A documentary about the man who murdered Trotsky would seem unlikely to set pulses racing far beyond the wrists of a few die-hard old-style socialists. But “Attacking the Skies,” film debut by journalist Javier Rioyo and cameraman J.L. Lopez-Linares, converts this raw material into a remarkable, gripping narrative which, by refusing to be earnest, takes us through a satisfyingly wide range of emotions. Pic deserves further exposure.
In 1940, Ramon Mercader, a young Catalan, drove an ice pick three centimeters into the skull of the bearded revolutionary while he was feeding his rabbits. Nobody knew why, and Oswald-type theories flourished. In a quest to find the answer, Rioyo and Lopez-Linares visited 10 countries and conducted 50 interviews to come up with over 100 hours of footage.
The portrait that emerges of Mercader is of a sad mother’s boy who later became a KGB member and wanted to engrave his name in history. He was the sort of man who people laughed at when he boasted he was going to kill Trotsky, and then went right ahead and did it.
Family and friends are interviewed, most of whom knew Mercader personally, some of whom are happy to theorize about him. Wrinkled faces and words of wisdom abound amongst the old revolutionaries. “We called him the Icepick Man,” El Burrero, a fellow felon, fondly recalls. Another character recalls Trotsky pointing out that Mercader — the two men met on several occasions — was “strange.”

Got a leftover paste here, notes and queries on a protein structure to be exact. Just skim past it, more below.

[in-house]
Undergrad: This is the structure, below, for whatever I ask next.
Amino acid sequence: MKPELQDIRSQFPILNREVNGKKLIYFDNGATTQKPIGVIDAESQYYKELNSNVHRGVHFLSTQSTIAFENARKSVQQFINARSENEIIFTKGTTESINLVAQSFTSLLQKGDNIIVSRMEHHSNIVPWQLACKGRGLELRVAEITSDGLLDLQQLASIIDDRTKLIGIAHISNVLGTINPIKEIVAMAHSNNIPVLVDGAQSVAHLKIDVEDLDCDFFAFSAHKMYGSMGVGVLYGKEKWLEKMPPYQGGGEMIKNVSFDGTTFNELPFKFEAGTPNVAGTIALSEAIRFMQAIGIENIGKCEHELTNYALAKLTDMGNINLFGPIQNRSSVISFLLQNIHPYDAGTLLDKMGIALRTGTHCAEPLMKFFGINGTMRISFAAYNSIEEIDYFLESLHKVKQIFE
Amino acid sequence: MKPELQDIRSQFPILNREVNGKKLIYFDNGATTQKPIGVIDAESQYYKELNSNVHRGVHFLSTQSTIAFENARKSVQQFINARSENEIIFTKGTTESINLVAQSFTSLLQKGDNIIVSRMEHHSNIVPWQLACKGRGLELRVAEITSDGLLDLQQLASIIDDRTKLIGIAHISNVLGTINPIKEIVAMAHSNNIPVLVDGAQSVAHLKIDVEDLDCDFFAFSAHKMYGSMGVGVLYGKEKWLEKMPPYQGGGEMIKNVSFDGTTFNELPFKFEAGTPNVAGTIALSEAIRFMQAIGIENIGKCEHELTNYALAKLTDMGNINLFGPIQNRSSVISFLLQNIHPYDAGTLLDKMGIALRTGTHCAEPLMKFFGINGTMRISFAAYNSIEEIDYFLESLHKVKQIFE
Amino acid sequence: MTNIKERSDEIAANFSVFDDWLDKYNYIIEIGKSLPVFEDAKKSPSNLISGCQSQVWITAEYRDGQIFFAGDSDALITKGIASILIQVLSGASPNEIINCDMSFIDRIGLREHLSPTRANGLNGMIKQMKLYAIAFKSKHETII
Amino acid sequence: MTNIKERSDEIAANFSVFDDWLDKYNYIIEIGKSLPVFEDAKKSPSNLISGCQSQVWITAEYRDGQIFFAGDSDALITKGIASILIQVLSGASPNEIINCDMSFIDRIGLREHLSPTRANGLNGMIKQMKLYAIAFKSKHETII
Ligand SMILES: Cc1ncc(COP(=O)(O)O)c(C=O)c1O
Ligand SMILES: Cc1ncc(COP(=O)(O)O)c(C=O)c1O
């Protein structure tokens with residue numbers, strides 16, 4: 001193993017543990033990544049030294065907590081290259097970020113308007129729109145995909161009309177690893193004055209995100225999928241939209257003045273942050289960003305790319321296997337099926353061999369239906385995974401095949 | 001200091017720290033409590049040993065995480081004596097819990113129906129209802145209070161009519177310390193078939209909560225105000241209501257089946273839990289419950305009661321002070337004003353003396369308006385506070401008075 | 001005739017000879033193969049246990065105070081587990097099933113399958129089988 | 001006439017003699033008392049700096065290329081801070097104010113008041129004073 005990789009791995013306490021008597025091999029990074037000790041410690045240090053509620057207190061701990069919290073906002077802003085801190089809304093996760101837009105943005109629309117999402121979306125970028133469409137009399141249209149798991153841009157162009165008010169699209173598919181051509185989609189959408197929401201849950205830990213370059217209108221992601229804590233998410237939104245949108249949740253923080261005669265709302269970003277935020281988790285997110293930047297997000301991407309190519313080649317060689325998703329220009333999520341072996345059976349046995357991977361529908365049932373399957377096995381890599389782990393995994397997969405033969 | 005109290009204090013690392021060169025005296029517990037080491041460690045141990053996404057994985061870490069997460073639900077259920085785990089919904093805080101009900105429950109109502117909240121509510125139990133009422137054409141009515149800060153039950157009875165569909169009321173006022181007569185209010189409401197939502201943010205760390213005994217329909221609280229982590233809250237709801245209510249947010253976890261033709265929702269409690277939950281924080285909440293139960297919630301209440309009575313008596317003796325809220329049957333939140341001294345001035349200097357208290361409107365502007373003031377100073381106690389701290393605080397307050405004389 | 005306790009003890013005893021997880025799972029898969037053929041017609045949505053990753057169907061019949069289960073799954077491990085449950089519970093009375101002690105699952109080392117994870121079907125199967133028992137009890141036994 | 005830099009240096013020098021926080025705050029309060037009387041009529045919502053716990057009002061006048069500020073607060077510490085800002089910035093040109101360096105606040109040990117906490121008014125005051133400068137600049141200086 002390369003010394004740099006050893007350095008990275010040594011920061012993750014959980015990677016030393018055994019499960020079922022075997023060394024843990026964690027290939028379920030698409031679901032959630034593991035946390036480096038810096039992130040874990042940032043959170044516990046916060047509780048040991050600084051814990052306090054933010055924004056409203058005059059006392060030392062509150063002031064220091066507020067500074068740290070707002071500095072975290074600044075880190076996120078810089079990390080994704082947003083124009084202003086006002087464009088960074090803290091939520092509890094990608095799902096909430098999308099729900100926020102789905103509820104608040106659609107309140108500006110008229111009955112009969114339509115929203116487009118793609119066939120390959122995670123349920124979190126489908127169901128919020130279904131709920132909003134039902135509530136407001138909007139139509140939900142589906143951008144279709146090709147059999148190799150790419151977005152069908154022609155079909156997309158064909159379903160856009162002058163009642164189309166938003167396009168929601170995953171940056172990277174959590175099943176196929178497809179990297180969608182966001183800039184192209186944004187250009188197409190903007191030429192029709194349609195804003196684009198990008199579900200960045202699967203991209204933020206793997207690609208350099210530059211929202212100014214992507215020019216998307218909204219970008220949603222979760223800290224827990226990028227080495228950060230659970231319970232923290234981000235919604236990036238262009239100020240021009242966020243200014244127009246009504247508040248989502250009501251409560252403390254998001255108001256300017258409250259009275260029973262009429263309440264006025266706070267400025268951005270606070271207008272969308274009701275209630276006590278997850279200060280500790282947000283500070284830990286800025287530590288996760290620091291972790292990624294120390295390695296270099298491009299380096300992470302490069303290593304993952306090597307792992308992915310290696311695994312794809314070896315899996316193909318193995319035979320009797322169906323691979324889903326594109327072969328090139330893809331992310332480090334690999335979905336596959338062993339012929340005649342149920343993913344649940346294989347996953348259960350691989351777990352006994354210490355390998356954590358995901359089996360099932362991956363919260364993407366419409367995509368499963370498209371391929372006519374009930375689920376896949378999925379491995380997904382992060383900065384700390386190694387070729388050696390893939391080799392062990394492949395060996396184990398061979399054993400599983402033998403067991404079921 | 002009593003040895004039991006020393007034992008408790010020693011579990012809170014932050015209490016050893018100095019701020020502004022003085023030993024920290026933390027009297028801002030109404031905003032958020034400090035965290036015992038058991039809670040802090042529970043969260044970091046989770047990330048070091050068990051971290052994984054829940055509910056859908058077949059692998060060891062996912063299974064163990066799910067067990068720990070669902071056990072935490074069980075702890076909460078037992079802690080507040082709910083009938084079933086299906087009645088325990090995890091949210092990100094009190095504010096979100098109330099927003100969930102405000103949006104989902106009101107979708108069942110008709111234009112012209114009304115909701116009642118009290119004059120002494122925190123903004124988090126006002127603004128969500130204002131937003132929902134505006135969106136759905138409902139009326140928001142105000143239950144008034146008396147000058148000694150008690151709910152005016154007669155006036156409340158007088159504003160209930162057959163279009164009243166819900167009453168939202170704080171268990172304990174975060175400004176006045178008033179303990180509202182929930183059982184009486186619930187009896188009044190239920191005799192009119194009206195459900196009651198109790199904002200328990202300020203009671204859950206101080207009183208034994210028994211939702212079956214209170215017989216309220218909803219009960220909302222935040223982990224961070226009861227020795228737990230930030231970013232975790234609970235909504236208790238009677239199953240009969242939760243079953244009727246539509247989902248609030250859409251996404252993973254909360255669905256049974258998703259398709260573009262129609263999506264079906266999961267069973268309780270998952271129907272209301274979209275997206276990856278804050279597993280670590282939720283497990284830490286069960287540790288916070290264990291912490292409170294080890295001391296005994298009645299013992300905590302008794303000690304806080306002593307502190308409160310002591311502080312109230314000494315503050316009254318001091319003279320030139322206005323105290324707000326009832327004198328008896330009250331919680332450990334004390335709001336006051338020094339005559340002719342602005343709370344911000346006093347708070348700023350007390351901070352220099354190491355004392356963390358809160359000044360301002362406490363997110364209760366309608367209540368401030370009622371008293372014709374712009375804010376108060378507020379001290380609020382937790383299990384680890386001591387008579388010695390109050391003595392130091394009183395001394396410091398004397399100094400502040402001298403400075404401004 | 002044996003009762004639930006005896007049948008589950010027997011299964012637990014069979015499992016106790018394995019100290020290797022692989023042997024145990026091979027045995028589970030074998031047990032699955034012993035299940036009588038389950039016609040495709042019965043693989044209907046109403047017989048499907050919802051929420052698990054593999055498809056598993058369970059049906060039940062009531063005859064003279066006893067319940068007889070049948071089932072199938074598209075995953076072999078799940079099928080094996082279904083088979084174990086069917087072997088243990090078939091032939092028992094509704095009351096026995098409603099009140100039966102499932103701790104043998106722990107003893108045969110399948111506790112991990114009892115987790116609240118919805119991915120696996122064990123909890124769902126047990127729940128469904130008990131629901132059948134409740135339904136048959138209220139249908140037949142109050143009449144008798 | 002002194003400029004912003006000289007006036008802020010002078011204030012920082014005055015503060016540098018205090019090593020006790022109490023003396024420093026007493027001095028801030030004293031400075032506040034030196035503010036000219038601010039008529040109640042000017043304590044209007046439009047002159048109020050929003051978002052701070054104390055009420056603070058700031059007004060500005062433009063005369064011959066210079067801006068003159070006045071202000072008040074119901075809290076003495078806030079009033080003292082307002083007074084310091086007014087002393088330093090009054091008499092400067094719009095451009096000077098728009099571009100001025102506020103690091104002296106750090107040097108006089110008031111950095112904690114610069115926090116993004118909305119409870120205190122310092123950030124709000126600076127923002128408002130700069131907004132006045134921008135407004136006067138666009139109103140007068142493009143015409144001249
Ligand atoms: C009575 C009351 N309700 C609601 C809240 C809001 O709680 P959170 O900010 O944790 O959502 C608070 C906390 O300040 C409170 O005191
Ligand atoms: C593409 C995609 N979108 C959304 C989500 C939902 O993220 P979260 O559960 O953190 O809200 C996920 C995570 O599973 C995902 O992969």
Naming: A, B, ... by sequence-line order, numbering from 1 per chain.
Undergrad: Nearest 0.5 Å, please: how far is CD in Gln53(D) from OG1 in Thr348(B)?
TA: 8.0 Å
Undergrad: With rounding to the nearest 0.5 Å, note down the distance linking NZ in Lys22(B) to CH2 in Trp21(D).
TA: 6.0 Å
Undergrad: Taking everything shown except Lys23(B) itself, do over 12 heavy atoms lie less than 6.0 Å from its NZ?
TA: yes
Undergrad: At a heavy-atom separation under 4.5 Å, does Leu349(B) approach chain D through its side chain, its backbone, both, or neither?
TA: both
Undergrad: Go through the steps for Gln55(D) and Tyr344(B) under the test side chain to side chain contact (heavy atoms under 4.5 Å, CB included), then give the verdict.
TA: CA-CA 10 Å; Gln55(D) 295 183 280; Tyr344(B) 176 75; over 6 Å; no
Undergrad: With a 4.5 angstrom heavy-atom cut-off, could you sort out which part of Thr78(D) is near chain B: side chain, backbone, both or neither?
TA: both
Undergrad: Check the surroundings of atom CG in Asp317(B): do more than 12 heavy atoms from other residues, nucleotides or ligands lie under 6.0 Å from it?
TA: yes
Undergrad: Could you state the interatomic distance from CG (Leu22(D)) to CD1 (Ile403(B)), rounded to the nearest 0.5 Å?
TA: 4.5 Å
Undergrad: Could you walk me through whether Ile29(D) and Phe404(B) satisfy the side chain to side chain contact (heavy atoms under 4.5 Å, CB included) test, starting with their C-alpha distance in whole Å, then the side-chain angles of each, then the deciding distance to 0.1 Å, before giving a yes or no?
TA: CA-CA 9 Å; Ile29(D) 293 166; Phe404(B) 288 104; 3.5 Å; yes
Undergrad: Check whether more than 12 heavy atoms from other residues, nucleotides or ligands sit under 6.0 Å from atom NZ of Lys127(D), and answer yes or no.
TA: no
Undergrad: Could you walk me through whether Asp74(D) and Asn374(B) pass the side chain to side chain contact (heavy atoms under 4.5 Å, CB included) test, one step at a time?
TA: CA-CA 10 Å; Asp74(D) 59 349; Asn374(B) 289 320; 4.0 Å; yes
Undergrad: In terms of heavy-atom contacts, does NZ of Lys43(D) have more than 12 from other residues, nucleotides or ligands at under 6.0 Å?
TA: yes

After the assassination, Mercader spent four years locked up in Mexico, when friends made an attempt to spring him from jail. It went awry, and he stayed there another 16 years, during which he kept “silence and faith.”
Beautifully edited, the docu is not only a record of one man’s descent into madness but also a version of European history. The Mercader story travels to Cuba, Moscow, Paris and London, spreading its tentacles beyond the range of its apparent subject without losing its focus — which is as much Mercader’s mother, the high-strung Caridad, as it is Mercader himself.
As well as clearing up a problem that has tickled the Spanish subconscious for 50 years, the film also puts to rest Mercader’s own hopes for heroic status. “Silence and faith,” as one interviewee points out, “are not worth a bean in the end.”